Duplin's funding case hits Court of Appeals
By Catharin Shepard
Published in News on October 4, 2009 2:00 AM
RALEIGH -- Attorneys representing the Duplin County Board of Commissioners and the county's Board of Education made their arguments Thursday before the state Court of Appeals in a battle over how much money the school district should receive from the county to run the schools.
Jury instructions and a recent state Supreme Court decision figured heavily into the statements as attorney Neil Yarborough, representing the commissioners, sought to convince three appellate judges to overturn a September 2008 jury decision that awarded almost $4.8 million to Duplin County schools.
Two of four necessary jury instructions were not delivered properly during the Duplin case -- an unconstitutional breach of procedure, Yarborough told Appeals Court judges Richard Hunter, Ann Marie Calabria and Cheri Beasley.
"It's only half of the puzzle," he said. "How can they have a fair and deliberative process?"
The jury instructions did not present evidence in court about county funding or county policy, he said. Yarborough compared the case to a similar lawsuit in Beaufort County, one that the state Supreme Court later remanded.
However, based on court transcripts, Yarborough did not object to the jury instructions when they were made, school board attorney Richard Schwartz said.
"There was no attempt by the defendants to put in any evidence," he said.
Attorney Brian Shaw, also representing the Duplin County Board of Education, countered Yarborough's ar-gument by comparing the language of the jury instructions in the Duplin County and Beaufort County cases.
The wording in the Duplin County case was "clearly more restrictive" than the language that was found to be too broad in the Beaufort County case, Shaw said.
Yarborough also referenced a stipulation from the Beaufort County case that the Beaufort County Board of Commissioners had the money to pay any amount awarded by the jury during that lawsuit.
"There was no such stipulation in Duplin," he said.
But the stipulation in the Beaufort County case could be interpreted in a different way, Schwartz said.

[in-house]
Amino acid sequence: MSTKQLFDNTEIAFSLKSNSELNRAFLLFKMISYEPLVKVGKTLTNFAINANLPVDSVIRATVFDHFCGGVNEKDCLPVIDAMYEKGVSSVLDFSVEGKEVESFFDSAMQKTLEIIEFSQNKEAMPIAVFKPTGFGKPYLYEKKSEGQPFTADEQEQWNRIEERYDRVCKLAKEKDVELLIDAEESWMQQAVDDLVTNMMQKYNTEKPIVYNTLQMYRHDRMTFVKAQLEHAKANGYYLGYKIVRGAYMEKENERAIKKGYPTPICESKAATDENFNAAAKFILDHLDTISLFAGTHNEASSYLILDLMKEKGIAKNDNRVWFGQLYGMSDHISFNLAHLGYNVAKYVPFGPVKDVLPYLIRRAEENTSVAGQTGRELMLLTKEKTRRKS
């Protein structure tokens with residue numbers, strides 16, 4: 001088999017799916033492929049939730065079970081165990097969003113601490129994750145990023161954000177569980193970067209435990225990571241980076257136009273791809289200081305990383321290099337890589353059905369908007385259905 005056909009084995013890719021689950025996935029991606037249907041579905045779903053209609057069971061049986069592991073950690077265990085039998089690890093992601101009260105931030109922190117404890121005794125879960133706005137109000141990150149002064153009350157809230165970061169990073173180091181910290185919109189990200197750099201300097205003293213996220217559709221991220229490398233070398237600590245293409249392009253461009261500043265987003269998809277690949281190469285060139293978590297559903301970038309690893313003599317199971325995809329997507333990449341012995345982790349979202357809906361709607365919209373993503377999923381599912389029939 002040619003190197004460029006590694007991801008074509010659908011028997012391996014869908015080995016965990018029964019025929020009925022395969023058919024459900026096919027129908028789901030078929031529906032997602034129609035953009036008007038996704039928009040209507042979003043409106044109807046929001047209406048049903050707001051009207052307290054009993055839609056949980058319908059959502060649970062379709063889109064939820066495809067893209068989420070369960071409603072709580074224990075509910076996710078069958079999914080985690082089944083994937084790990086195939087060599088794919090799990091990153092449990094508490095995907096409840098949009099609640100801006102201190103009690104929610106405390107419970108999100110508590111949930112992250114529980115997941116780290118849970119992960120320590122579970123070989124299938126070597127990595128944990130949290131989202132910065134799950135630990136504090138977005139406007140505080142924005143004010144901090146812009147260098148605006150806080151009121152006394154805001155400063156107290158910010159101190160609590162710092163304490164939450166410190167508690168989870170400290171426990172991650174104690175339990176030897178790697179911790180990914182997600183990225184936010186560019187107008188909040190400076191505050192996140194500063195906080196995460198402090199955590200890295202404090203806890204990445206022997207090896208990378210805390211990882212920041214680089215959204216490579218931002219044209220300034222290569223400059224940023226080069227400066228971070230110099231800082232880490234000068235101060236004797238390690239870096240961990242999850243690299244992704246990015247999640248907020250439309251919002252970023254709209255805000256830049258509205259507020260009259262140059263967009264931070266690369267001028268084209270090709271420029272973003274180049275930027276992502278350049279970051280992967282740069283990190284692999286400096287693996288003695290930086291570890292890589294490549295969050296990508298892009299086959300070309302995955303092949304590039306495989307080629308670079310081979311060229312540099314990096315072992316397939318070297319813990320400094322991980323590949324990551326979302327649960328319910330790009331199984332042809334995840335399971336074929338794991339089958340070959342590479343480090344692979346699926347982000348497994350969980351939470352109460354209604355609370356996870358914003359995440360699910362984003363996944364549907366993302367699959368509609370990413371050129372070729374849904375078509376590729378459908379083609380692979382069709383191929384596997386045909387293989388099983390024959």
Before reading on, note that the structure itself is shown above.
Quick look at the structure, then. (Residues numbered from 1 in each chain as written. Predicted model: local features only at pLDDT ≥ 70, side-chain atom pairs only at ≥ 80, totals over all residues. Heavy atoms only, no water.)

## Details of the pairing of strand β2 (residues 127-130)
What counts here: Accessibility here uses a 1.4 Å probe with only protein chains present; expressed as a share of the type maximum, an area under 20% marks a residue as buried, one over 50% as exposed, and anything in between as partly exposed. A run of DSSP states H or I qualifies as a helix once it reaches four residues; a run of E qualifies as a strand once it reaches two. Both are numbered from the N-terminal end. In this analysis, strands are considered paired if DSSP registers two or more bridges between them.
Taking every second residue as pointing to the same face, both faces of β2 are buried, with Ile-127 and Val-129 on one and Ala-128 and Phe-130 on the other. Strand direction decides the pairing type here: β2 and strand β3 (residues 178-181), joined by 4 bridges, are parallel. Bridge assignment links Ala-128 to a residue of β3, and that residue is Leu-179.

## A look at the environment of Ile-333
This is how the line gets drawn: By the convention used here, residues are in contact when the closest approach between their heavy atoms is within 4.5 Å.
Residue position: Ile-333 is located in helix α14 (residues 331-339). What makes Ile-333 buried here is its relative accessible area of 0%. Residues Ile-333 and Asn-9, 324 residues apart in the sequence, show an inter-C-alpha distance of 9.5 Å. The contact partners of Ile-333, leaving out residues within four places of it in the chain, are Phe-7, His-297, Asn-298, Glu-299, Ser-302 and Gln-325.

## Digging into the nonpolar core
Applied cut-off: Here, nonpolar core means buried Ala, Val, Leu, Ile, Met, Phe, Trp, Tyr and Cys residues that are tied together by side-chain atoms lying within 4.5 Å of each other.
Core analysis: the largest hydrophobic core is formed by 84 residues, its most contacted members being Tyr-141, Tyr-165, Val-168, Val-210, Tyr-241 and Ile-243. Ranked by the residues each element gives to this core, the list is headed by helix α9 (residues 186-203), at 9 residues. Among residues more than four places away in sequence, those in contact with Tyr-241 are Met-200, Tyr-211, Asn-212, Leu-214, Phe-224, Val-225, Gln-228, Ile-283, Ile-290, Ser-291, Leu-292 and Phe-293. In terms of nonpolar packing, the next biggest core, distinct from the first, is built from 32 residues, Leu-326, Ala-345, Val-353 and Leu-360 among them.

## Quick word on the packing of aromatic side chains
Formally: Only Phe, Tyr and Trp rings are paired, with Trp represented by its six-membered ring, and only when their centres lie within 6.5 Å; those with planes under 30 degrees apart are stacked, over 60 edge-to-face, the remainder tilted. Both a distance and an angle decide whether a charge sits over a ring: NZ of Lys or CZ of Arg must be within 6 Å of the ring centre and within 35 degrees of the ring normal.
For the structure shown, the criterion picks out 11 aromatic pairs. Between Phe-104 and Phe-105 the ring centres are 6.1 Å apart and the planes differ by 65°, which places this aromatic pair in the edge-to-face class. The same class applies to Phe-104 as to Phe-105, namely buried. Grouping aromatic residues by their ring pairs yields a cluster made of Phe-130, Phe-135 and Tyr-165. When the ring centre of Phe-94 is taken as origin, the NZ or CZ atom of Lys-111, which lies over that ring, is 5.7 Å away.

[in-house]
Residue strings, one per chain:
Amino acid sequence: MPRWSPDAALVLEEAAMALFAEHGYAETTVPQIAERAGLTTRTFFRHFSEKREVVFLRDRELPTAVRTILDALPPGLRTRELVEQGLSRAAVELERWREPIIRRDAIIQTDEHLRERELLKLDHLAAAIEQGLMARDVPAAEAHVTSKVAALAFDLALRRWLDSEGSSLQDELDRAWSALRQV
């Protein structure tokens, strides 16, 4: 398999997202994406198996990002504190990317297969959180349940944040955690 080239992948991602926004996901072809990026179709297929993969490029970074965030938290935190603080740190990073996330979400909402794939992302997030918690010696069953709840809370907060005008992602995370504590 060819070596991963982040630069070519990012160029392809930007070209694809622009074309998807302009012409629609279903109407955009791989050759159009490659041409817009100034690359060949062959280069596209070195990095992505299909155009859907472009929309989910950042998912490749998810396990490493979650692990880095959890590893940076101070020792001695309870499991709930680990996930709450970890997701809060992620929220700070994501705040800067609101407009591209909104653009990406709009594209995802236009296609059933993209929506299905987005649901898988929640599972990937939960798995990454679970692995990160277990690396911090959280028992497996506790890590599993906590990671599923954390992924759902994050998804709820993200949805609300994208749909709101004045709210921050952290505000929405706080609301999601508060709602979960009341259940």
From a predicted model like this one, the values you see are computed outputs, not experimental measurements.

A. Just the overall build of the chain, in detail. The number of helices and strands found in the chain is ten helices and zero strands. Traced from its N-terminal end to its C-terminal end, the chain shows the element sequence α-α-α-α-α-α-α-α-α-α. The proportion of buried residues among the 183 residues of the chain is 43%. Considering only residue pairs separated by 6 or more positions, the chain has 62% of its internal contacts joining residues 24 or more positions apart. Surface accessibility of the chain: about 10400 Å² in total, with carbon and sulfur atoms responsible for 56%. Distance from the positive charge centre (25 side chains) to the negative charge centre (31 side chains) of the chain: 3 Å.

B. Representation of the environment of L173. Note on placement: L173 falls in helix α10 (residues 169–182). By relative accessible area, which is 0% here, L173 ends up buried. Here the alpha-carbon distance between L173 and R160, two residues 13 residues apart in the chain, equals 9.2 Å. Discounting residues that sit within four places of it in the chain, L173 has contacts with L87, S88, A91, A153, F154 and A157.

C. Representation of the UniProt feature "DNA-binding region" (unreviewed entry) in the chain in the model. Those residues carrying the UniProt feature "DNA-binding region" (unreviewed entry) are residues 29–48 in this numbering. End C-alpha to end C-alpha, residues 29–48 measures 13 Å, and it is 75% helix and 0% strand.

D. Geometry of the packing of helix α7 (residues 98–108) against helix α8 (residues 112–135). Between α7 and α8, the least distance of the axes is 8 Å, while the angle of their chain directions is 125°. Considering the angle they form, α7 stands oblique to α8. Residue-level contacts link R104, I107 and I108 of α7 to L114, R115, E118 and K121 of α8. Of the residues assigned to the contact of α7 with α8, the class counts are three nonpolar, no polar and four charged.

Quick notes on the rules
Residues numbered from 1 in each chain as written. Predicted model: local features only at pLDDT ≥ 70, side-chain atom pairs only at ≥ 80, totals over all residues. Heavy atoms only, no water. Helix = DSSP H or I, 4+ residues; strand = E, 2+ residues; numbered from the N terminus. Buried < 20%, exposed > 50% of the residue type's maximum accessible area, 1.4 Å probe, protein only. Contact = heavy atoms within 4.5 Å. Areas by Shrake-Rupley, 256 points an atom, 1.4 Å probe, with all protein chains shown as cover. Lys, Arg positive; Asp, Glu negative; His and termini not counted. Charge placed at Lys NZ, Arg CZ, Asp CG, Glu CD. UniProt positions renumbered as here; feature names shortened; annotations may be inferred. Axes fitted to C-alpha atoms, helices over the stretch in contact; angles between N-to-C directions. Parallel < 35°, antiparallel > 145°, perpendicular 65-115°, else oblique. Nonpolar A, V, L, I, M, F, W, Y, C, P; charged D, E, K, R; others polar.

The language could instead mean that the commissioners have the authority to raise taxes to pay for the amount awarded to the school system, he told the judges.
Yarborough asked the judges to take the opportunity to "elaborate on the Supreme Court's decision" in the Beaufort County case, but Hunter questioned the request.
"Why wouldn't we just send it back for a new trial?" he asked.
The Court of Appeals does not have the same jurisdiction or mandate as the state Supreme Court, Hunter said.
And although the Beaufort County case provided the state Supreme Court with an opportunity to address a change in policy that might affect future cases, it's unlikely the Duplin County lawsuit will give the same court a similar opportunity, Shaw said.
Yarborough argued against the point in his rebuttal.
"I don't think you should presume how the Supreme Court would choose to exercise their jurisdiction," he said.
Hunter again pointed out the limitations of the appellate court.
"I am troubled over our jurisdiction to do this," he said.
"I do believe you have the authority, and perhaps even, given the Supreme Court decision, the mandate to send it back down," Yarbor-ough said in response.
Hunter's concern was doing what was best for the public interest, he said.
"Is it better in the public interest that we remand this case, or do we let it linger? As I understand it, the money hasn't gotten to the kids yet," Hunter said.
A decision from the court could be five or six months away. But if the court does not find in the commissioners' favor, Yarborough would be willing to take the case before the state Supreme Court, he said.
But for now, "we just sit and wait," Yarborough said.
In the best case scenario for the Board of Education, the judges will choose to uphold the jury verdict, Shaw said.
"We're pleased with the way the arguments went," he said.